2007 Horsley Vinyards Reserve Syrah Noir

Five Cypress Vineyard, Dunnigan Hills, Yolo County, CA, 14.0% ABV
$5 at the Berkeley, CA store

This wine has been around, off and on, since the sale last November, and I thought I’d finally try it.  It was referenced briefly at the time here.  As described on their web site, the grapes for this wine were dry-farmed in Yolo County, northeast and over the hills from Napa County.  (As you can see farther down that page, they also sound pretty serious about their Pinot Noir.  Anyone, please let me know if you’ve tried it.)

I find the wine itself quite impressive, if a little young still.  There’s not so much on the nose yet, but on the palate there’s lovely violets, lavender, purple plum, perhaps mulberry and licorice, with plenty of acid from the purple plum and sour red cherry.  The tannin on the finish is not mouth-clamping but quite substantial.  I would easily give this wine a few more years of age before it’s at its peak, when it should be quite lovely.  In the meantime, perhaps this is another Syrah to decant a day ahead.  This is New World fruit, but not “Parker-type.”  (I served this at a dinner gathering, so I did not get to save any to try at a later date.  It went well with the pork chops with herbs, but not as well with the lamb chops.)  The effort of farming Syrah in an unfashionable location reminded me of Steve Edmunds, and, in its tough-but-floral character, the wine does, too.

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8 thoughts on “2007 Horsley Vinyards Reserve Syrah Noir

  1. jhrabideau

    I stumbled across a couple bottles of this in a hidden corner of the cellar this afternoon, and opened one this evening…what a surprise! I had recalled the 2007 Syrah Noir being a little austere and aloof, with a repressed acid (cherry pit) core, and low peripherals–after three-plus years horizontal cellar time, it’s gorgeous: lush dark fruit, spice cake, fig bread, and hint of garrigue, but more in the Alpine vein. This most reminds me of some of my very favorite reserve Lagreins (think Alois Lageder Lindenburg, Abbazia di Novacella Riserva, or Abtei Muri) in profile.

    If you’ve got a bottle or two hanging around, this is at a really rewarding point. Be warned, though, that this loves meats, herbs, and starches, but cannot abide the acidity in tomatoes (becomes a bit garbled and awkward on the palate, losing all fruit), even from the Dunnigan Hills (had an organic earthbound one from the farmers’ market, to test to see if it was just the store-bought hydroponic it didn’t want to play with). It does take a most definite shine to blueberries, though.

    Glad I’ve another bottle of this–and this scores easily as my happy cellar discovery of the year.

    Dinner was kangaroo burger, seasoned with herbes de provence–any game meat, veal, lamb, or lean beef grilled with herb rub should be close to analog.

    Will be checking the Citrus Heights GO for another couple bottles of the Horsley, as it’s the one in Sac-land that’s most like a GO wine museum.

    Reply
    1. BargainWhine Post author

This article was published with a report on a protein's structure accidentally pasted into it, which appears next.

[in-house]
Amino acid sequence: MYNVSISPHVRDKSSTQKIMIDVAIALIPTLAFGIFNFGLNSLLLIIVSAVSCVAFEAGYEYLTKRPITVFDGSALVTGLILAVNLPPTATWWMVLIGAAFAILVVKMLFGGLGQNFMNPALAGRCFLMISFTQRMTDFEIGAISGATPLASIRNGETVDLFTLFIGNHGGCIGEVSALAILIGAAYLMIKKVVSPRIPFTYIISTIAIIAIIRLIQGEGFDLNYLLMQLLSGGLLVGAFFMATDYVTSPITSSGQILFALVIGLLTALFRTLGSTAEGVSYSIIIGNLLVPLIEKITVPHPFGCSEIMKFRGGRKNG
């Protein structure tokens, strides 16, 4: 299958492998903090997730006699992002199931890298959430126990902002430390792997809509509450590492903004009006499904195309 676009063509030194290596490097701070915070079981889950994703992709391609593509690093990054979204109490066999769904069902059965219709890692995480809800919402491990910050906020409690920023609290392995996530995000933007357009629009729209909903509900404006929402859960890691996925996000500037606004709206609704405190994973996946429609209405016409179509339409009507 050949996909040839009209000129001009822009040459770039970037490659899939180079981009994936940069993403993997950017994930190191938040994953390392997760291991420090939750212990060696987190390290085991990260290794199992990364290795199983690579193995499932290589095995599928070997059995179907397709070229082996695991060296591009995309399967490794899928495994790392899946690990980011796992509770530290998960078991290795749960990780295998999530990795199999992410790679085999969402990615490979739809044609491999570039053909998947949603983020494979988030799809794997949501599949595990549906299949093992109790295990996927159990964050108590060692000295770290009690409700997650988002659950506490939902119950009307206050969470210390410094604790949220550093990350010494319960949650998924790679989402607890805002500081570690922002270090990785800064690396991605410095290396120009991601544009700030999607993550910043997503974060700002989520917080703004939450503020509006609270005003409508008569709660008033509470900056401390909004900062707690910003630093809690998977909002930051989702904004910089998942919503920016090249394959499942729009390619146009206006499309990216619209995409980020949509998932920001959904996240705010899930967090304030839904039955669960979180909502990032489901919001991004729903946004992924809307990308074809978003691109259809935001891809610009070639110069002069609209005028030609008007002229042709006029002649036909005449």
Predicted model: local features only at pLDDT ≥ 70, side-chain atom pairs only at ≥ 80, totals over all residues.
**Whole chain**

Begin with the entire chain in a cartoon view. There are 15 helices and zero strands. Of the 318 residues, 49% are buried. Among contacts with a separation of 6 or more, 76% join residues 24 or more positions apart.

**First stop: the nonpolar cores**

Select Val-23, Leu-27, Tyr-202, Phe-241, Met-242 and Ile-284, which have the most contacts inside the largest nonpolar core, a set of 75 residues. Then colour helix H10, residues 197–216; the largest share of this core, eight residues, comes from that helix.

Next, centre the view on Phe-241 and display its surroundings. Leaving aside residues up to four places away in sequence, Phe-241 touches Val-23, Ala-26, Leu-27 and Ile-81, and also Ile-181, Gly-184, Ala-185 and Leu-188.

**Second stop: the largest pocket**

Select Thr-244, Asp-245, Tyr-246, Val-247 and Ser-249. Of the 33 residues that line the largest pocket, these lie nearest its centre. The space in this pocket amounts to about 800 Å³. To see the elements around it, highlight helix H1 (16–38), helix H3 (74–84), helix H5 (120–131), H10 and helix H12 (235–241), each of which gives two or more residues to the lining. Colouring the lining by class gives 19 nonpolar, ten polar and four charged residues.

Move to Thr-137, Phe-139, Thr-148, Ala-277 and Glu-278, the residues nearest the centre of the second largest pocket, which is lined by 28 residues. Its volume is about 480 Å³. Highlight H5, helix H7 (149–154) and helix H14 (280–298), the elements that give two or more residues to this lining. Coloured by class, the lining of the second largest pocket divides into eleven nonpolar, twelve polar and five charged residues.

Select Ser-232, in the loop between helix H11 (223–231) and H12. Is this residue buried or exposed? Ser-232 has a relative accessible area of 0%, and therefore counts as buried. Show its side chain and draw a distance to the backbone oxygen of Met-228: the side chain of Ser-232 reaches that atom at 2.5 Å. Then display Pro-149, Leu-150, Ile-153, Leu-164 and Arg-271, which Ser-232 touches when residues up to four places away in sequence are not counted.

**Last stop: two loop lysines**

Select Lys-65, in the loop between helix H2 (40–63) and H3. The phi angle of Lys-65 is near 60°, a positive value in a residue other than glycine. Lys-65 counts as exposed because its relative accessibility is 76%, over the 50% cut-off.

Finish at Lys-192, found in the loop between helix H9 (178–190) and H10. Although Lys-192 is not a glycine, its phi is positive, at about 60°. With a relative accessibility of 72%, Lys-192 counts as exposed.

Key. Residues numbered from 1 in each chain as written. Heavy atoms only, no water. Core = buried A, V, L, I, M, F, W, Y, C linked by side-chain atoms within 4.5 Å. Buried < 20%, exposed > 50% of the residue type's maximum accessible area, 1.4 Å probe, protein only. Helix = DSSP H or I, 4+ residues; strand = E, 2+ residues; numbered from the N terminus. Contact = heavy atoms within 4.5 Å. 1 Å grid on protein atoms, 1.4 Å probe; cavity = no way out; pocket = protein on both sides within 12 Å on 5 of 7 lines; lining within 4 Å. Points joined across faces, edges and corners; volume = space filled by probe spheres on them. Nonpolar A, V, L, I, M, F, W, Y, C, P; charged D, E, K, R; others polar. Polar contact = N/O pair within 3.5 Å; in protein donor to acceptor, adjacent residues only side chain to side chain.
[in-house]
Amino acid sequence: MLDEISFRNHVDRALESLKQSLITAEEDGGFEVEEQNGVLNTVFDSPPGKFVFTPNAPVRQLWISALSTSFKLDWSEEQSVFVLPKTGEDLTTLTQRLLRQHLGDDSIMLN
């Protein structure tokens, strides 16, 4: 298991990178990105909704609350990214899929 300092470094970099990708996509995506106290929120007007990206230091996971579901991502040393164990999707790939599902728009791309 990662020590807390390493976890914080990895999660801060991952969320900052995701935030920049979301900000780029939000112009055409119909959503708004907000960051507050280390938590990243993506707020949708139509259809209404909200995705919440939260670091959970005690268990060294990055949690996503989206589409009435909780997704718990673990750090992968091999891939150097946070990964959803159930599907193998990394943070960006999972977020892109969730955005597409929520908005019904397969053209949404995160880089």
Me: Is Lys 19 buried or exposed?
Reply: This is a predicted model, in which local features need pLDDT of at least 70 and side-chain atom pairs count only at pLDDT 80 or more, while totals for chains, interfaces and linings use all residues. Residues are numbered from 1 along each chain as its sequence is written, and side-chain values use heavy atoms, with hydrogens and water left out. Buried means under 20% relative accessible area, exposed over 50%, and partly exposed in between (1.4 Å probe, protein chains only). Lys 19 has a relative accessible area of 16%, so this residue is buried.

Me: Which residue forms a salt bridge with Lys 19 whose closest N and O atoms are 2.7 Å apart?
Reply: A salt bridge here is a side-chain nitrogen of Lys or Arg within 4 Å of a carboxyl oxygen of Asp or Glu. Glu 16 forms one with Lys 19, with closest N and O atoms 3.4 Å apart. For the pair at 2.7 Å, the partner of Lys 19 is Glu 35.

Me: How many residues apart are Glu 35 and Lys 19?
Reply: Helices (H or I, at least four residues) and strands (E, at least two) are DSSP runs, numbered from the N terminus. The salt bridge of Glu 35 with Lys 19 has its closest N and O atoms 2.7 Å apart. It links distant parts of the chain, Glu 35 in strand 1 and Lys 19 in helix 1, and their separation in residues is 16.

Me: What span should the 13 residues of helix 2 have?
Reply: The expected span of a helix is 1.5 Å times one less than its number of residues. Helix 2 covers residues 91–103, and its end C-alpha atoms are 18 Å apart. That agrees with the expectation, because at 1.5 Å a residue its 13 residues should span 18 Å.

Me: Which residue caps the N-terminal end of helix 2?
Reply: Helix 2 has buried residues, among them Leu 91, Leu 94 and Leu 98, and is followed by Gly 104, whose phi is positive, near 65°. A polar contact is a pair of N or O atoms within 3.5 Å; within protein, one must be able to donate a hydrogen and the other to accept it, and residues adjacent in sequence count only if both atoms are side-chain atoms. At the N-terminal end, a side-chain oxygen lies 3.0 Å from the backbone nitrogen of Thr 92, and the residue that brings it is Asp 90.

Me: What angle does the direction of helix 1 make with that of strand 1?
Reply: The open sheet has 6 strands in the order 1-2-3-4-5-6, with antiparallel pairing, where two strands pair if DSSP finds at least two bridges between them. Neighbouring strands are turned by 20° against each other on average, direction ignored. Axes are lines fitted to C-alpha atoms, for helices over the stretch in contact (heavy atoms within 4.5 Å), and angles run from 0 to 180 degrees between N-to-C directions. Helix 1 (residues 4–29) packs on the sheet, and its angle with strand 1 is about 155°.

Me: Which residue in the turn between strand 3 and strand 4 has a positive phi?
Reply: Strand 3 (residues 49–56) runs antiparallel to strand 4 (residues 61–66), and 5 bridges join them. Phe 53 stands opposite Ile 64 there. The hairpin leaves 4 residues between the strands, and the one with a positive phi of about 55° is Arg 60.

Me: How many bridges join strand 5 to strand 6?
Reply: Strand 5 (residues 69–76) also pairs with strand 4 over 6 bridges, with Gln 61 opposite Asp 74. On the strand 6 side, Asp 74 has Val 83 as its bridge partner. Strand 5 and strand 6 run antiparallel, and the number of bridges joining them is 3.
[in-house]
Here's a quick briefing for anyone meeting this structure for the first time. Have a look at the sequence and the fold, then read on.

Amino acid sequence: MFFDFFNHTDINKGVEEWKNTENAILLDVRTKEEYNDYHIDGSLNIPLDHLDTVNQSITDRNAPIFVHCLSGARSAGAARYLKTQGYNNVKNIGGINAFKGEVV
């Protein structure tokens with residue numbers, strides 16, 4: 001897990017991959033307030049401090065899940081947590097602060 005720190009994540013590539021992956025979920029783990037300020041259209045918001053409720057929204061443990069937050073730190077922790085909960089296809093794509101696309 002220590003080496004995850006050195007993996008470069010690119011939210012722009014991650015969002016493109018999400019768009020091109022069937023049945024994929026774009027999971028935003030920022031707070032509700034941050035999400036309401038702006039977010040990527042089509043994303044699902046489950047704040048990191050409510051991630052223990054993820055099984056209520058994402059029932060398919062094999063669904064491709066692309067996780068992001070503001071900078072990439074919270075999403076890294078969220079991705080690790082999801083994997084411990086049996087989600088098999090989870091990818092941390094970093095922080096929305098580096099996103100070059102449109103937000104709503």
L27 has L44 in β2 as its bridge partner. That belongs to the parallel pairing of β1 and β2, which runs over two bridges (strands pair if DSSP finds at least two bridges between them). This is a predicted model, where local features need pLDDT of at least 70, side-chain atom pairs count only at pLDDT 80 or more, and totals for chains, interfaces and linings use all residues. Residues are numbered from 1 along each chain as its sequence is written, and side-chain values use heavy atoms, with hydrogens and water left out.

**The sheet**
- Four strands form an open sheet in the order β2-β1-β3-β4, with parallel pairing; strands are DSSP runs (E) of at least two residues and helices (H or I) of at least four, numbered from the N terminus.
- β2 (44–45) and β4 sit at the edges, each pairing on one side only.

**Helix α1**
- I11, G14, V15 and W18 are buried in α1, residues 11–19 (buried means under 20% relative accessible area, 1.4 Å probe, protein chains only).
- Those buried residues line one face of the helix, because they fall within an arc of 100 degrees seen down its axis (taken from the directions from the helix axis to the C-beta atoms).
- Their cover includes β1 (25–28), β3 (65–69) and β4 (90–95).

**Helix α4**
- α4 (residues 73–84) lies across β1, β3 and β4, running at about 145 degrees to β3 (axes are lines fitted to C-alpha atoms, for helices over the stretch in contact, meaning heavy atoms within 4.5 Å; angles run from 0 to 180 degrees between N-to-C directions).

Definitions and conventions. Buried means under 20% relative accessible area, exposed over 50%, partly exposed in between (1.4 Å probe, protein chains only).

Wow, JH! Thanks for your report! I was impressed with this wine when I reviewed it, and bought a few bottles to lay down in cool storage. I looked at them recently and thought, “Naw, no hurry.” But now I’ll have to dig one out again. 🙂

      Reply
      1. jhrabideau

        Do hope yours is just as good…I popped, waited an hour and poured. 🙂 No decant. Does have a fine sheen of neck sediment; I’ll comment on any bottom sediment tomorrow. No sediment has transferred to the glass, however, so it may be low-sediment–using a narrow bordeaux glass (Schott Zwiesel). In my relatively limited experience, Dunnigan Hills AVA tends to produce lower-sediment wines.

        Reply
        1. BargainWhine Post author

          Hi JH. I finally got around to following up on your report. I drank my bottle over two days, first decanting the wine off a reasonable amount of sludgy sediment. The first half, consumed over about two hours, was indeed very impressive, showing dark, tarry, black-peppery blackberry / blueberry, some violets, and when warmer, some nice earthy, pruney, aged complexity. However, it was still a bit rough and acid in the finish. The second half, saved stoppered in a 375ml bottle with very little air, still needed about an hour before nicely integrating these flavors and a dark red cherry. I think I still have 2 or 3 more bottles of this, and I’ll wait another year or two before opening the next. Although very interesting to drink now, I’m guessing I’ll like it better softened up a little more.

          Reply
  2. Rondo

    Opened a bottle and drank it over four days, with the wine improving each day; so it probably would be appropriate to decant it a day ahead as Bargainwhine suggests. The wine was dark purple,full body with concentrated flavors of blackberry, plums, pepper,spice, a touch of chocolate, with leathery tannins on the finish, which were resolved during the third day; the fourth day the wine was more voluptuous.

    Reply
    1. Rondo

      Bargainwhine,
      Thanks for the link to the winery.
      I noticed that the 2007’s haven’t been released yet and are still sleeping in their cellar 🙂

      Reply
      1. BargainWhine Post author

        Hi Rondo! Yes, I noticed that, too, and wondered if the web site’s not being updated was related to the wine’s showing up at the GO.

        Thanks for your notes!

        Reply
        1. Joel

          The San Pablo store has had the 2006 and 2007 Cypress syrahs; may still have some 2007. Both wines came out very nice for the price ( $ 4.99).

          Reply

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